Psychological Morbidity in Chinese Women With Breast Cancer: A Prospective Study

2.50
Hdl Handle:
http://hdl.handle.net/10755/156560
Type:
Presentation
Title:
Psychological Morbidity in Chinese Women With Breast Cancer: A Prospective Study
Abstract:
Psychological Morbidity in Chinese Women With Breast Cancer: A Prospective Study
Conference Sponsor:Sigma Theta Tau International
Conference Year:2005
Author:Lam, Wendy W.T., PhD, RN
P.I. Institution Name:The University of Hong Kong
Title:Dr.
Co-Authors:Richard Fielding, PhD
Objective: To examine predictors of short- and medium-term psychological morbidity (Distress) among Chinese women following breast cancer surgery. Method: Three hundred and three Chinese women were interviewed at 1 week (baseline), 1, 4 and 8 months following surgery. Participants were assessed for baseline Distress (Chinese Health Questionnaire-12) and completed a retrospective assessment of treatment decision making (TDM) difficulties, treatment outcome expectations and satisfaction with TDM involvement. Perceived treatment outcome, Distress, optimism, perceived self-efficacy (SE), and physical symptom distress (PSD) were assessed at each follow-up. Stepwise multivariate regression examined impact of TDM-related and other factors on Distress over time after adjustment for clinical and treatment differences. Results: At baseline, 38% of women had mild, and 40% moderate/severe Distress. Outcome expectation, TDM difficulties and SE predicted baseline CHQ12 scores (adjusted R2=.312). Distress declined significantly over follow-up assessments (p<.001). At one-month post-surgery (adjusted R2= 0.59) Distress was predicted by PSD (p<.001), baseline Distress (p<.001), Expectancy-Outcome incongruence (p<.001), and over-involvement in TDM (p=.003). Three-months post-surgery Distress (adjusted R2 = 0.52) was predicted by one-month post-surgery Distress (p<.001), PSD (p<.001), Expectancy-Outcome Incongruence (p=.001), and low SE (p<.001). Distress at eight-months post-surgery (adjusted R2 = 0.52) was predicted by one-month post-surgery Distress (p<.001), PSD (p<.001), and low optimism (p<.001). Conclusion: Distress declines throughout the first year after breast cancer surgery. One-month post-surgery Distress is a significant predictor of subsequent Distress. This in turn is predicted by consultation involvement and expectations. The early post-surgical period should be considered as a critical time to assess delay Distress.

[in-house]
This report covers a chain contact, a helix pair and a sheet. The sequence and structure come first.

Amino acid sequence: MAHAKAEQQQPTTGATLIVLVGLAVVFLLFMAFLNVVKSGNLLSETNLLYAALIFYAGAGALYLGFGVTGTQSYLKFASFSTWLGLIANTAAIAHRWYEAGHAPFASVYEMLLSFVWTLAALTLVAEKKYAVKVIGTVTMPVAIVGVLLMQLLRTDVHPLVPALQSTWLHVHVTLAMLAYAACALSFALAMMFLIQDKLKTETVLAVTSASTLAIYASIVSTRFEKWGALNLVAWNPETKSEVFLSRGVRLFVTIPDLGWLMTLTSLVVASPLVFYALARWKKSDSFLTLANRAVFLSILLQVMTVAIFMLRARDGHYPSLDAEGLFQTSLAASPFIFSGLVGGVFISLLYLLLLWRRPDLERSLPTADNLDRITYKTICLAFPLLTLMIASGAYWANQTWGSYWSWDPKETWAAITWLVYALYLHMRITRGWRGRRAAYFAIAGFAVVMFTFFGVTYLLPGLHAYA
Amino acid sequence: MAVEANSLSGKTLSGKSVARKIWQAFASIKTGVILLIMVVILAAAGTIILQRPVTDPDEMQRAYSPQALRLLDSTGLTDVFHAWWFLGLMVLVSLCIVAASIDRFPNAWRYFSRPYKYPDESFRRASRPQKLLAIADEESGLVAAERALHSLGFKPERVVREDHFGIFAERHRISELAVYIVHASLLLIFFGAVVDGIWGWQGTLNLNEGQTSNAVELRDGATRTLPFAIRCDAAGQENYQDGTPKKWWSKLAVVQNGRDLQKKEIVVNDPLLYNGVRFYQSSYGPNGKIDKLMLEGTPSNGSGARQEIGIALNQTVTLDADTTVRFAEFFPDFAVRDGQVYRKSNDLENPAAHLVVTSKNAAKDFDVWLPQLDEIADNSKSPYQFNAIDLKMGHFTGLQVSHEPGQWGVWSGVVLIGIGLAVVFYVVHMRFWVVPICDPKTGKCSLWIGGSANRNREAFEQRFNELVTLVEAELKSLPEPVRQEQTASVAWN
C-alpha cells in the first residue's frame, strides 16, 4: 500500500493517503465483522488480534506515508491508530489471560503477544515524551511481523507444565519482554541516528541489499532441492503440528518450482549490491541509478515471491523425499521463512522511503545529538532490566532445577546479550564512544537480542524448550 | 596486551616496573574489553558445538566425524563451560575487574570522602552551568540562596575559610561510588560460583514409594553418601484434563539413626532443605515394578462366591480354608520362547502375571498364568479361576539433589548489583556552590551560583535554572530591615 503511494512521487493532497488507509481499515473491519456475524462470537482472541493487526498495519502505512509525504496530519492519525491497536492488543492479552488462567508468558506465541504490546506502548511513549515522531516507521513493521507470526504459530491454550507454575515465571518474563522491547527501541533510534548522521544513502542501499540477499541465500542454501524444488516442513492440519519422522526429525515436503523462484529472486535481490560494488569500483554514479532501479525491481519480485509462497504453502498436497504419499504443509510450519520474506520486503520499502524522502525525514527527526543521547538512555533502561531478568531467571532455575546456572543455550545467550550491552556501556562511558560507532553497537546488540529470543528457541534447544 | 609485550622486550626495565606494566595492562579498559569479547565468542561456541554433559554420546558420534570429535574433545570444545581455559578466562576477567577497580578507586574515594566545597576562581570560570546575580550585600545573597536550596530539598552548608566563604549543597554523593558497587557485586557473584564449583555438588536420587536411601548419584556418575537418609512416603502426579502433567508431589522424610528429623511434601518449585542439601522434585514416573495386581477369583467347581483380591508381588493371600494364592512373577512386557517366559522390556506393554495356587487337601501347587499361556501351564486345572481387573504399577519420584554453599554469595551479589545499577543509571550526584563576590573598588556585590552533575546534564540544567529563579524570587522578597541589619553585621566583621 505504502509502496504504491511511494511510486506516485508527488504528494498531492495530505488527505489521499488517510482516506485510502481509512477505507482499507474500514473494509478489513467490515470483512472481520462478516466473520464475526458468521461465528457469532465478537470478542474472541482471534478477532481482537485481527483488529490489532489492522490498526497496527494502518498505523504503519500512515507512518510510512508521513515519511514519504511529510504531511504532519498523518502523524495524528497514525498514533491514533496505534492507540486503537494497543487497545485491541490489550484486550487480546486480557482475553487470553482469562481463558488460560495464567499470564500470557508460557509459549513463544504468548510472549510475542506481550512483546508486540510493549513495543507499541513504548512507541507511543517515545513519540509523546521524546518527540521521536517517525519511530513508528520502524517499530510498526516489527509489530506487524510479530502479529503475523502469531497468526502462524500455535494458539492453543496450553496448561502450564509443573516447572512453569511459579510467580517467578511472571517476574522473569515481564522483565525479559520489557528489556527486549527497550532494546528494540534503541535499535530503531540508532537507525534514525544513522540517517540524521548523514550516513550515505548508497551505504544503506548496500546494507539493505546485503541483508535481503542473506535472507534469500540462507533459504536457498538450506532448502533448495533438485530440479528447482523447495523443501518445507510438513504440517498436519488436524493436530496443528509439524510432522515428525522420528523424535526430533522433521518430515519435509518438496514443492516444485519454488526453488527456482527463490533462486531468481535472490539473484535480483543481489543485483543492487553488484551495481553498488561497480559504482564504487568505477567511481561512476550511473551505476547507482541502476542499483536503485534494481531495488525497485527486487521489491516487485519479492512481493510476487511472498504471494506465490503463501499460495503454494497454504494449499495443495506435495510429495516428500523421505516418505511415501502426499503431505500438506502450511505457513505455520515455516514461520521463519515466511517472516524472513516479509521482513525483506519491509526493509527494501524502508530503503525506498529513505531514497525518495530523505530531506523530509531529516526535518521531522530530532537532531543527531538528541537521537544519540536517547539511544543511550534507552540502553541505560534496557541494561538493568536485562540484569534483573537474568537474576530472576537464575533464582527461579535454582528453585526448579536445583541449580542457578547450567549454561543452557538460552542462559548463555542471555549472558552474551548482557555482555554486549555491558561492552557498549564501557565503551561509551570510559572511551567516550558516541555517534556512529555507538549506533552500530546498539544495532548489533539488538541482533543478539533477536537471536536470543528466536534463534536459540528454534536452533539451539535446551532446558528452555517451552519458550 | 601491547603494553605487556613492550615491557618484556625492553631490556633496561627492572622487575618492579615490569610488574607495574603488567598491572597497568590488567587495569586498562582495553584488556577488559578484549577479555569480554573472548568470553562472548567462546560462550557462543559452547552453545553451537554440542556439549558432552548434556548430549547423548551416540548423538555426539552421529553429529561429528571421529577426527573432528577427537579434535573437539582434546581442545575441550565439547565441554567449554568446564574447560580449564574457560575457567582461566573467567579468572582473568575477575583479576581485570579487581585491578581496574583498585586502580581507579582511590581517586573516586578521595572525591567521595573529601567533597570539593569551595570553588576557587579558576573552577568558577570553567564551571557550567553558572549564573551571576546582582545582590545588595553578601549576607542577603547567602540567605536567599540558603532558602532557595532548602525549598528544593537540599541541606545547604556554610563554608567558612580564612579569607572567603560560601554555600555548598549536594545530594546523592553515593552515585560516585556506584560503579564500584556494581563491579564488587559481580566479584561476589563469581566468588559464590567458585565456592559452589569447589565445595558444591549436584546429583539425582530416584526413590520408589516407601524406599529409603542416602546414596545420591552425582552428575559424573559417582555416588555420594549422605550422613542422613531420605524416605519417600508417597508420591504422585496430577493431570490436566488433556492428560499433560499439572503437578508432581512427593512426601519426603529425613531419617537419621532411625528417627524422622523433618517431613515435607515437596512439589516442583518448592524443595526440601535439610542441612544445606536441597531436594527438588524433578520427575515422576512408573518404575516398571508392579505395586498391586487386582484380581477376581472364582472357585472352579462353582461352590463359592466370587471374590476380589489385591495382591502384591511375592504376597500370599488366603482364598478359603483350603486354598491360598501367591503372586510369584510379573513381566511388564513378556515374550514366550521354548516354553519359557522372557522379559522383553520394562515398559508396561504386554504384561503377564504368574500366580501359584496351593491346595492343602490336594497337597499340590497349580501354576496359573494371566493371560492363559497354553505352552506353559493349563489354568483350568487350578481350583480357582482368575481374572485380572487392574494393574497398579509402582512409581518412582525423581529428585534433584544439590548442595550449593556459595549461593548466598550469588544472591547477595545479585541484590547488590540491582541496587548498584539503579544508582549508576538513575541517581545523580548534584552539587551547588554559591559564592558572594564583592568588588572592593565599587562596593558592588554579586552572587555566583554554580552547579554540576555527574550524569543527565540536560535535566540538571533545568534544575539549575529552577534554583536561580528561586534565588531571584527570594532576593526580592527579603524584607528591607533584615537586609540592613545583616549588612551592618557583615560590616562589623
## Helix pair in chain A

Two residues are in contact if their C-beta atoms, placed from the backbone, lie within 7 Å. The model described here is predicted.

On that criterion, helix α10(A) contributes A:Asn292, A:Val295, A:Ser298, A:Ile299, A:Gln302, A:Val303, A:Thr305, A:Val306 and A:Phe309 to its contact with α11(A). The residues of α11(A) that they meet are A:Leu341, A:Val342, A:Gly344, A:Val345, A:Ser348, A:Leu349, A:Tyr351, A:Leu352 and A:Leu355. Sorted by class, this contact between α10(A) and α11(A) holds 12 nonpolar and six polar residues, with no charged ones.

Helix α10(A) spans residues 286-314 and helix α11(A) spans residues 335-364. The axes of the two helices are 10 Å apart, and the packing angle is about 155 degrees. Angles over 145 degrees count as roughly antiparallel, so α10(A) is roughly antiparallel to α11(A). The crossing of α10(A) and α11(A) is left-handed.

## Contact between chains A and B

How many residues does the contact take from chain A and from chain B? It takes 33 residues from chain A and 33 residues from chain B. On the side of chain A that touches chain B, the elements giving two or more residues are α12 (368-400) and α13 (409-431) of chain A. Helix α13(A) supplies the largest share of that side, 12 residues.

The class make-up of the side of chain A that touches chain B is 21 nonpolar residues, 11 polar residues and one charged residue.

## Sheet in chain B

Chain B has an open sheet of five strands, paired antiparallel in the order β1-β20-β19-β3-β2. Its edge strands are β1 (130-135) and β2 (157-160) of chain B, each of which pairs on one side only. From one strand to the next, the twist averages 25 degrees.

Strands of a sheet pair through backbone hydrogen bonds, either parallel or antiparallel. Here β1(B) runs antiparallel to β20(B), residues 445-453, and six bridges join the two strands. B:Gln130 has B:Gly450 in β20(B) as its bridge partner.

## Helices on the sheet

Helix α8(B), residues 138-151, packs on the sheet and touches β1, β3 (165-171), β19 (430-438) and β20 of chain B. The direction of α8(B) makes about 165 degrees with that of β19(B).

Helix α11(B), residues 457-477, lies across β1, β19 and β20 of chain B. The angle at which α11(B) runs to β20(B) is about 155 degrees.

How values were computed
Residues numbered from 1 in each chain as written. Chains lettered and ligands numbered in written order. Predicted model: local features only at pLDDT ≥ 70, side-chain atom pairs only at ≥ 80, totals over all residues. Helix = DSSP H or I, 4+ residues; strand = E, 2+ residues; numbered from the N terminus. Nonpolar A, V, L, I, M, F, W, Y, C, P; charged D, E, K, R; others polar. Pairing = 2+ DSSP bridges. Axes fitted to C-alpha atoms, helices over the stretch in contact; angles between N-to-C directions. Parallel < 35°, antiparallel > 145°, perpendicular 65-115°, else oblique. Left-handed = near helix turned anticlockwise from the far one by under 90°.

Repository Posting Date:
26-Oct-2011
Date of Publication:
17-Oct-2011
Sponsors:
Sigma Theta Tau International

Full metadata record

DC FieldValue Language
dc.typePresentationen_GB
dc.titlePsychological Morbidity in Chinese Women With Breast Cancer: A Prospective Studyen_GB
dc.identifier.urihttp://hdl.handle.net/10755/156560-
dc.description.abstract<table><tr><td colspan="2" class="item-title">Psychological Morbidity in Chinese Women With Breast Cancer: A Prospective Study</td></tr><tr class="item-sponsor"><td class="label">Conference Sponsor:</td><td class="value">Sigma Theta Tau International</td></tr><tr class="item-year"><td class="label">Conference Year:</td><td class="value">2005</td></tr><tr class="item-author"><td class="label">Author:</td><td class="value">Lam, Wendy W.T., PhD, RN</td></tr><tr class="item-institute"><td class="label">P.I. Institution Name:</td><td class="value">The University of Hong Kong</td></tr><tr class="item-author-title"><td class="label">Title:</td><td class="value">Dr.</td></tr><tr class="item-email"><td class="label">Email:</td><td class="value">wwtlam@hkucc.hku.hk</td></tr><tr class="item-co-authors"><td class="label">Co-Authors:</td><td class="value">Richard Fielding, PhD</td></tr><tr><td colspan="2" class="item-abstract">Objective: To examine predictors of short- and medium-term psychological morbidity (Distress) among Chinese women following breast cancer surgery. Method: Three hundred and three Chinese women were interviewed at 1 week (baseline), 1, 4 and 8 months following surgery. Participants were assessed for baseline Distress (Chinese Health Questionnaire-12) and completed a retrospective assessment of treatment decision making (TDM) difficulties, treatment outcome expectations and satisfaction with TDM involvement. Perceived treatment outcome, Distress, optimism, perceived self-efficacy (SE), and physical symptom distress (PSD) were assessed at each follow-up. Stepwise multivariate regression examined impact of TDM-related and other factors on Distress over time after adjustment for clinical and treatment differences. Results: At baseline, 38% of women had mild, and 40% moderate/severe Distress. Outcome expectation, TDM difficulties and SE predicted baseline CHQ12 scores (adjusted R2=.312). Distress declined significantly over follow-up assessments (p&lt;.001). At one-month post-surgery (adjusted R2= 0.59) Distress was predicted by PSD (p&lt;.001), baseline Distress (p&lt;.001), Expectancy-Outcome incongruence (p&lt;.001), and over-involvement in TDM (p=.003). Three-months post-surgery Distress (adjusted R2 = 0.52) was predicted by one-month post-surgery Distress (p&lt;.001), PSD (p&lt;.001), Expectancy-Outcome Incongruence (p=.001), and low SE (p&lt;.001). Distress at eight-months post-surgery (adjusted R2 = 0.52) was predicted by one-month post-surgery Distress (p&lt;.001), PSD (p&lt;.001), and low optimism (p&lt;.001). Conclusion: Distress declines throughout the first year after breast cancer surgery. One-month post-surgery Distress is a significant predictor of subsequent Distress. This in turn is predicted by consultation involvement and expectations. The early post-surgical period should be considered as a critical time to assess delay Distress.</td></tr></table>en_GB
dc.date.available2011-10-26T14:54:08Z-
dc.date.issued2011-10-17en_GB
dc.date.accessioned2011-10-26T14:54:08Z-
dc.description.sponsorshipSigma Theta Tau Internationalen_GB
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